1. Adequate thumb component length. In many cases, the thumb component can be trimmed down to allow for IP movement.

    1. The standard thumb component may be too long and inhibit functional use of the thumb.

  1. Adequate web space fit. Assure that the glove is fitted and pulled down snugly into the web space.

    1. Poor fit into the web space does not adequately support the web space,
    2. leading to hyperextension of the thumb MP with decreased functional use.

  2. Adequate function. Manipulation of objects using various types of grasp and pinch are good tests for a functional splint.

Conclusion: Most splints cannot address both functional movement and immobilization for positioning. In the team approach to pediatric orthopaedics, the responsibility of the orthotist is to:

  • Work with the team to Determine the goal of the splint, and
  • Choose each splint for the of the child to meet the pre-determined goals

Prefabricated splints require attention to the specific details and individualized adjustments to meet each child's anatomy and functional needs.



Coppard, B.M., & Lohman, H. (2001). Introduction to splinting: A clinical–reasoning and problem-solving approach. (2nd ed.). St. Louis: Mosby.
Hogan, L., & Uditsky, T. (1998). Pediatric splinting: Selection, fabrication and clinical application of upper extremity splints. San Antonio: Therapy Skill Builders. (out of print)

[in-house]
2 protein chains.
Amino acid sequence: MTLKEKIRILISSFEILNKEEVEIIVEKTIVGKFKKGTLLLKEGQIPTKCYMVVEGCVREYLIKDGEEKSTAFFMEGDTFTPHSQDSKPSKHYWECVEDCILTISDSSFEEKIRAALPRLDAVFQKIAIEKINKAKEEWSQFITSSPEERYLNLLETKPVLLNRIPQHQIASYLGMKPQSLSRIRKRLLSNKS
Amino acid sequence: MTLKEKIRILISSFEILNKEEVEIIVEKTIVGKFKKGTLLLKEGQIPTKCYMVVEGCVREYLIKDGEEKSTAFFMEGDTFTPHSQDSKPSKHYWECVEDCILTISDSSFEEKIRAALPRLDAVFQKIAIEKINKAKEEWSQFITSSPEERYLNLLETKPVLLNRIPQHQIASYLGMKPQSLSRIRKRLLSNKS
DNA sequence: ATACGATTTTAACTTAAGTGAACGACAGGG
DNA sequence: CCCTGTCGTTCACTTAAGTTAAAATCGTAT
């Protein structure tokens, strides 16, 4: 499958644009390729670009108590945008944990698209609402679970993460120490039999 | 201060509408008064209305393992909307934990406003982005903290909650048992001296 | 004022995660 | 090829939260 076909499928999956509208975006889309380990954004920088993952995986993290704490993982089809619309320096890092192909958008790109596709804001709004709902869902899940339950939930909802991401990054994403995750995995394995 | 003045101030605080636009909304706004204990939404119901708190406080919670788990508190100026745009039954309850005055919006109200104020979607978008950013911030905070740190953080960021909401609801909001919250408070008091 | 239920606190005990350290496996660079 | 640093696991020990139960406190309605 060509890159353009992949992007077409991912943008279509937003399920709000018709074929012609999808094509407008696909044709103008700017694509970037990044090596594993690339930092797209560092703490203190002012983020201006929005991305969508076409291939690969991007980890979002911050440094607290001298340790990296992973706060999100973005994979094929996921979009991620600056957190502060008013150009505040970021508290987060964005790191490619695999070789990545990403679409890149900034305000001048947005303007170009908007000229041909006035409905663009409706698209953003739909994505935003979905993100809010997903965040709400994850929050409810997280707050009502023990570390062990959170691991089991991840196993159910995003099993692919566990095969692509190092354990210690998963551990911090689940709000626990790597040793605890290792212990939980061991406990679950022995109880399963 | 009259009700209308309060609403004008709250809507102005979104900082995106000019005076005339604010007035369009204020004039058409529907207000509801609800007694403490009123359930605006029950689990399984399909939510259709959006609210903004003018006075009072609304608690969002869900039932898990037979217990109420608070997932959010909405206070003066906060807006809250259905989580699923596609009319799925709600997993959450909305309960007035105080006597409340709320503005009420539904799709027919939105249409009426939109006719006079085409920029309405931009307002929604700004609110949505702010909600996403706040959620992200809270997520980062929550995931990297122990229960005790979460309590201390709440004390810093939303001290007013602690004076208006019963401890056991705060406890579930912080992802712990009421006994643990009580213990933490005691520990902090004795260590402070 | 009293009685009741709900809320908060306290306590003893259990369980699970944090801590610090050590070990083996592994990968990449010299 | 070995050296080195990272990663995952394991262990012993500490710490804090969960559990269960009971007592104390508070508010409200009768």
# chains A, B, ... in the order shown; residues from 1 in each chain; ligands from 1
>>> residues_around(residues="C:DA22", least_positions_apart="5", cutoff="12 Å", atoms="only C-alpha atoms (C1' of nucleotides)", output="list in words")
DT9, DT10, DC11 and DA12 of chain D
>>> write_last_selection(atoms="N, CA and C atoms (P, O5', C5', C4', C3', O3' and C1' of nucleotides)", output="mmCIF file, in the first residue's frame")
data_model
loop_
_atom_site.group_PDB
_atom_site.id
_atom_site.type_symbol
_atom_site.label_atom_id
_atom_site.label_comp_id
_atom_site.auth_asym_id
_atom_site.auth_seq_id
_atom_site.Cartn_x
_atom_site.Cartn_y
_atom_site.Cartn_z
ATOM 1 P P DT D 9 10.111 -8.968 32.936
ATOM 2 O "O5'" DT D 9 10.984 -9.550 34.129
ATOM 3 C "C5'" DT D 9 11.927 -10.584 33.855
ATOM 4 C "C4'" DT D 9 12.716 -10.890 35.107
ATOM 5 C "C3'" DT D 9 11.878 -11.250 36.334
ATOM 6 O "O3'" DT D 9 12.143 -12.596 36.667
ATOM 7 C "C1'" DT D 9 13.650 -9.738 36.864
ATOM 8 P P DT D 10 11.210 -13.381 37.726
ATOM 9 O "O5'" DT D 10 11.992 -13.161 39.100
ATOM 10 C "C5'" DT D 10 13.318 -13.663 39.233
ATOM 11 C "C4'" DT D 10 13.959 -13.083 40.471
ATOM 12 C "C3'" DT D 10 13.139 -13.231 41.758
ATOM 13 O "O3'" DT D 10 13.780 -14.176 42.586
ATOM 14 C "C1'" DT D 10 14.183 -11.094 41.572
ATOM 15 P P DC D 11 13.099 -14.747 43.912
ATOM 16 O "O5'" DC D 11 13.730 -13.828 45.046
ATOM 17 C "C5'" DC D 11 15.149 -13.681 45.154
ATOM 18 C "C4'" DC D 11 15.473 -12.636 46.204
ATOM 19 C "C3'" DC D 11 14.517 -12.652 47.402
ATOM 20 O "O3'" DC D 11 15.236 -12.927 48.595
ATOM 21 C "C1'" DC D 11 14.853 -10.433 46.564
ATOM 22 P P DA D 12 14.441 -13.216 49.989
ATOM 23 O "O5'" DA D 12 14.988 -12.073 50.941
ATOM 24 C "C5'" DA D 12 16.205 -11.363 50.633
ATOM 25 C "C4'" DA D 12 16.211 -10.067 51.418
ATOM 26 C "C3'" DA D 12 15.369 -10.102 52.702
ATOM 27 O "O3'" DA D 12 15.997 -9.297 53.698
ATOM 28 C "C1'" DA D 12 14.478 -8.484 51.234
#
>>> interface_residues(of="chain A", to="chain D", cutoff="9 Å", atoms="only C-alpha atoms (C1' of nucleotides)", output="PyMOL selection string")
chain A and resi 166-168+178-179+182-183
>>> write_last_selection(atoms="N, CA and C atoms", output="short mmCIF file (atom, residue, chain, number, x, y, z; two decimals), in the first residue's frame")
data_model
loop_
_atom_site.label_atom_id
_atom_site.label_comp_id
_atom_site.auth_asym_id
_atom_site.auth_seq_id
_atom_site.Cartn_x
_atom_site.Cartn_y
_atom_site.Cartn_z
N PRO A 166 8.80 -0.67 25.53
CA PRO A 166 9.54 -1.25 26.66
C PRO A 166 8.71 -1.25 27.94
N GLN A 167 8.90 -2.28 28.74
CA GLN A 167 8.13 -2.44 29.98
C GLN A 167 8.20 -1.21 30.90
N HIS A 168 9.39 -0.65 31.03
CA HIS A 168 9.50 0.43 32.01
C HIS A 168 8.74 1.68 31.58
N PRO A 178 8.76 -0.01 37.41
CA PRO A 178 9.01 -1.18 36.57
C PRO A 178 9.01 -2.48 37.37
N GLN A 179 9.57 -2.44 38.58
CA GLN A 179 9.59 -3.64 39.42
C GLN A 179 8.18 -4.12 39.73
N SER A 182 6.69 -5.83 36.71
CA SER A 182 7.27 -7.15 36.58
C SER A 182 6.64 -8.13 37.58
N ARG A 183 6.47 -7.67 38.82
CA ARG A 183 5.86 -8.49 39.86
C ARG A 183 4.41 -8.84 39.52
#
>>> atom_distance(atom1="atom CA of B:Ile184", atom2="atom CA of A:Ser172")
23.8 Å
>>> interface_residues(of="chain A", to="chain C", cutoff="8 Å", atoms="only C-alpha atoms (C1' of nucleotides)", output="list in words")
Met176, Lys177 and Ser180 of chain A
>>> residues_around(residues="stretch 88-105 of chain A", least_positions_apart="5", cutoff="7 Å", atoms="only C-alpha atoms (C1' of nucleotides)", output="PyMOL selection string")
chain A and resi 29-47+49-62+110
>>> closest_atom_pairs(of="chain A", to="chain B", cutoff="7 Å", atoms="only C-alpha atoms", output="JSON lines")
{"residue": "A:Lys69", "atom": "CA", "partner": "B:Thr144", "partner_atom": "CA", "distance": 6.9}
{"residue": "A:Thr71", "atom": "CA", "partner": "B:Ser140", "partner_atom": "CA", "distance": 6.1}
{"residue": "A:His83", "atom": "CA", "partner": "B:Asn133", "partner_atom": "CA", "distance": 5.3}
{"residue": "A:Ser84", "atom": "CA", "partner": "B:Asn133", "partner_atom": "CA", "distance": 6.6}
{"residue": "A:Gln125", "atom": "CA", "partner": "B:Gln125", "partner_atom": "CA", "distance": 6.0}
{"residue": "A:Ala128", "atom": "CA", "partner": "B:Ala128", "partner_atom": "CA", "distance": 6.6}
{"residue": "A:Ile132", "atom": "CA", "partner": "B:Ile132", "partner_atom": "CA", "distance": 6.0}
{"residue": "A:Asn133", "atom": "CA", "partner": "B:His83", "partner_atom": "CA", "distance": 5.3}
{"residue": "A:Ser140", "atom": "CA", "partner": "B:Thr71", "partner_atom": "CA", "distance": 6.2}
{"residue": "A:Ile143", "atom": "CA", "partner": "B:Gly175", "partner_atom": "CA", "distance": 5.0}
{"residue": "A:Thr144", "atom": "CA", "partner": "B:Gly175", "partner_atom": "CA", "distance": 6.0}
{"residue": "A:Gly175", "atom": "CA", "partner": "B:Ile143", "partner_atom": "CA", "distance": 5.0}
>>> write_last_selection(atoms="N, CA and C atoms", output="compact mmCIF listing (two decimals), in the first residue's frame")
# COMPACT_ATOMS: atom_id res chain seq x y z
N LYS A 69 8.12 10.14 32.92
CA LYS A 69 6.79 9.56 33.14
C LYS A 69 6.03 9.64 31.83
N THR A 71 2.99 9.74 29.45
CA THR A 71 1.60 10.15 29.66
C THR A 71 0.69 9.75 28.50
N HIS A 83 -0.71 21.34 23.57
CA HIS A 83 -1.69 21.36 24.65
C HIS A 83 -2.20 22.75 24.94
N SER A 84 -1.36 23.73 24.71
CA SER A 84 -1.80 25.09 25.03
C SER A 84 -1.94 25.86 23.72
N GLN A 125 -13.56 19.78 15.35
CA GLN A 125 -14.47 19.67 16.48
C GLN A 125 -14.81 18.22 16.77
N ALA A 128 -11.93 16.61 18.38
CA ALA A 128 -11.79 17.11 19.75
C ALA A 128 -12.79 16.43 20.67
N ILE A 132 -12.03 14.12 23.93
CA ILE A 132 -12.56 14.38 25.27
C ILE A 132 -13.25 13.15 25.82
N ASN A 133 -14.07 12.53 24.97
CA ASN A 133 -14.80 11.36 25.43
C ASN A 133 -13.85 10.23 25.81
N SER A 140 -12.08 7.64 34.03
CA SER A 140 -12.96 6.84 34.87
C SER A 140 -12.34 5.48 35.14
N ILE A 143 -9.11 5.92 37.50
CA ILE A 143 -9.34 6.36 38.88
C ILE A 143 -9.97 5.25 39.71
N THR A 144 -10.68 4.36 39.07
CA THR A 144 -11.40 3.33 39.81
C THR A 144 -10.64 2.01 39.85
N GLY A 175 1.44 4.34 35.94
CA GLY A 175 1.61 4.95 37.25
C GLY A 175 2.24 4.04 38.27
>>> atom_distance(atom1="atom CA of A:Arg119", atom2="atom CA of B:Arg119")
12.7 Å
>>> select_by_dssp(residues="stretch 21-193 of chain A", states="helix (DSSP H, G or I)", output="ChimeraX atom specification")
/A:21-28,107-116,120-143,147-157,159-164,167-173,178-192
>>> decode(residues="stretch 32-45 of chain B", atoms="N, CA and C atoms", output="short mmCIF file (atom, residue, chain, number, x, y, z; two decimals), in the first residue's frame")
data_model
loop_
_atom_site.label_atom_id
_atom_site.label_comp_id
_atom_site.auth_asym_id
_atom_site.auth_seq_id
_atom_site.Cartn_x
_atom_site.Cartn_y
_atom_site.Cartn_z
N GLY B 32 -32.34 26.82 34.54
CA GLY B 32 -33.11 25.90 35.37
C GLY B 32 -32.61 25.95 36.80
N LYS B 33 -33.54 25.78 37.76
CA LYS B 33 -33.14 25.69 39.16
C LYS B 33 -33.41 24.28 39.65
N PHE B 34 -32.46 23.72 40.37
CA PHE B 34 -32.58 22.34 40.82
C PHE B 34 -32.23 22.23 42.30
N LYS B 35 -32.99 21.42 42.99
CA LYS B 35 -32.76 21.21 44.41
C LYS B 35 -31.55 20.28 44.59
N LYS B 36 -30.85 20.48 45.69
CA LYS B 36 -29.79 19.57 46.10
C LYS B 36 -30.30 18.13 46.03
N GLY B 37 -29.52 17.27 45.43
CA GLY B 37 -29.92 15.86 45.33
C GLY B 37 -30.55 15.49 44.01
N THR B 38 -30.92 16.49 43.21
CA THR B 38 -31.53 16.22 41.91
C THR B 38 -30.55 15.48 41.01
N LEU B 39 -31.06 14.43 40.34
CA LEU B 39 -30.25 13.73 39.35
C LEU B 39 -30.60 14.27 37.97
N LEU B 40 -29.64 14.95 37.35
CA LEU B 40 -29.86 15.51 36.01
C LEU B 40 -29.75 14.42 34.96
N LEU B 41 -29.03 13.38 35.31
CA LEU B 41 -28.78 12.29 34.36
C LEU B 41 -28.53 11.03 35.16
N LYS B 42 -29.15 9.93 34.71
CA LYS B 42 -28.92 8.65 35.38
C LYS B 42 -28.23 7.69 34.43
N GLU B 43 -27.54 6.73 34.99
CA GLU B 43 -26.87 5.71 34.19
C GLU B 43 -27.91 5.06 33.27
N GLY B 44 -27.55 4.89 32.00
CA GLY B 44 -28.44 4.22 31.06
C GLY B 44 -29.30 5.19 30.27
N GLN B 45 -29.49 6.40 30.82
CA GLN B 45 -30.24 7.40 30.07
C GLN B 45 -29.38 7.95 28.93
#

Jacobs, M., & Austin, N. (2002). Splinting the hand and upper extremities. Baltimore: Lippincott, Williams & Wilkins Publishers.
Barr, N.R., & Swan, D. (1988). The hand: Principles and techniques of splinting the hand. (2nd ed.). Boston: Butterworth Heineman Publishers.
Casey, C.A., & Kratz, E.J. (1988). Soft splinting with neoprene: the thumb abduction supinator splint. American Journal of Occupational Therapy, 42(6), 395-398.
Exner, C, & Bonder, B. (1983). Comparative effects of three hand splints on bilateral hand use, grasp, and arm-hand posture in hemiplegic children: A pilot study. Occupational Therapy Journal of Research, 32, 75-92.
Goodman, G., & Bazyk, S. (1991). The effects of a short opponens thumb splint on hand function in cerebral palsy: a single subject study. American Journal of Occupational Therapy, 45(8), 726-731.
King, S., Thomas, J.J., & Rice, M.S. (2003). The immediate and short-term effects of a wrist extension orthosis on upper-extremity kinematics and range of shoulder motion. American Journal of Occupational Therapy, (57)5.
Langlois, S., Pederson, L., & MacKinnon, J.R. (1991). Hand splints and cerebral spasticity: A review of the literature. Canadian Journal of Occupational Therapy, 56(3), 113-119.
Einbond, A., Glover, J., Goldberg, S.R., & Takai, V. (1981). A survey of rationales for and against hand splinting in hemiplegia. American Journal of Occupational Therapy ,35, 83-90.
Schultz-Johnson, K. (1996). Splinting the wrist: mobilization and protection. Journal of Hand Therapy, 9, 165-176.
Trombly, C., & Radomski, M.V. (Eds.). (2002). Occupational therapy for physical dysfunction. (5th ed.). Baltimore: Lippincott, Williams, & Wilkins.
Wallen, M., & O'Flaherty, S. (1991). The use of soft splint in the management of spasticity of the upper limb. Australian Journal of Occupational Therapy, 38(15), 227-231.
Wilson, G. (1997). Custom Neoprene Splints for Upper Extremity Disorders. ADVANCE for occupational therapy practitioners. December 1, 1997.
Wilton, J.C., (1997). Hand splinting principles of design and fabrication. Philadelphia: W.B. Sanders.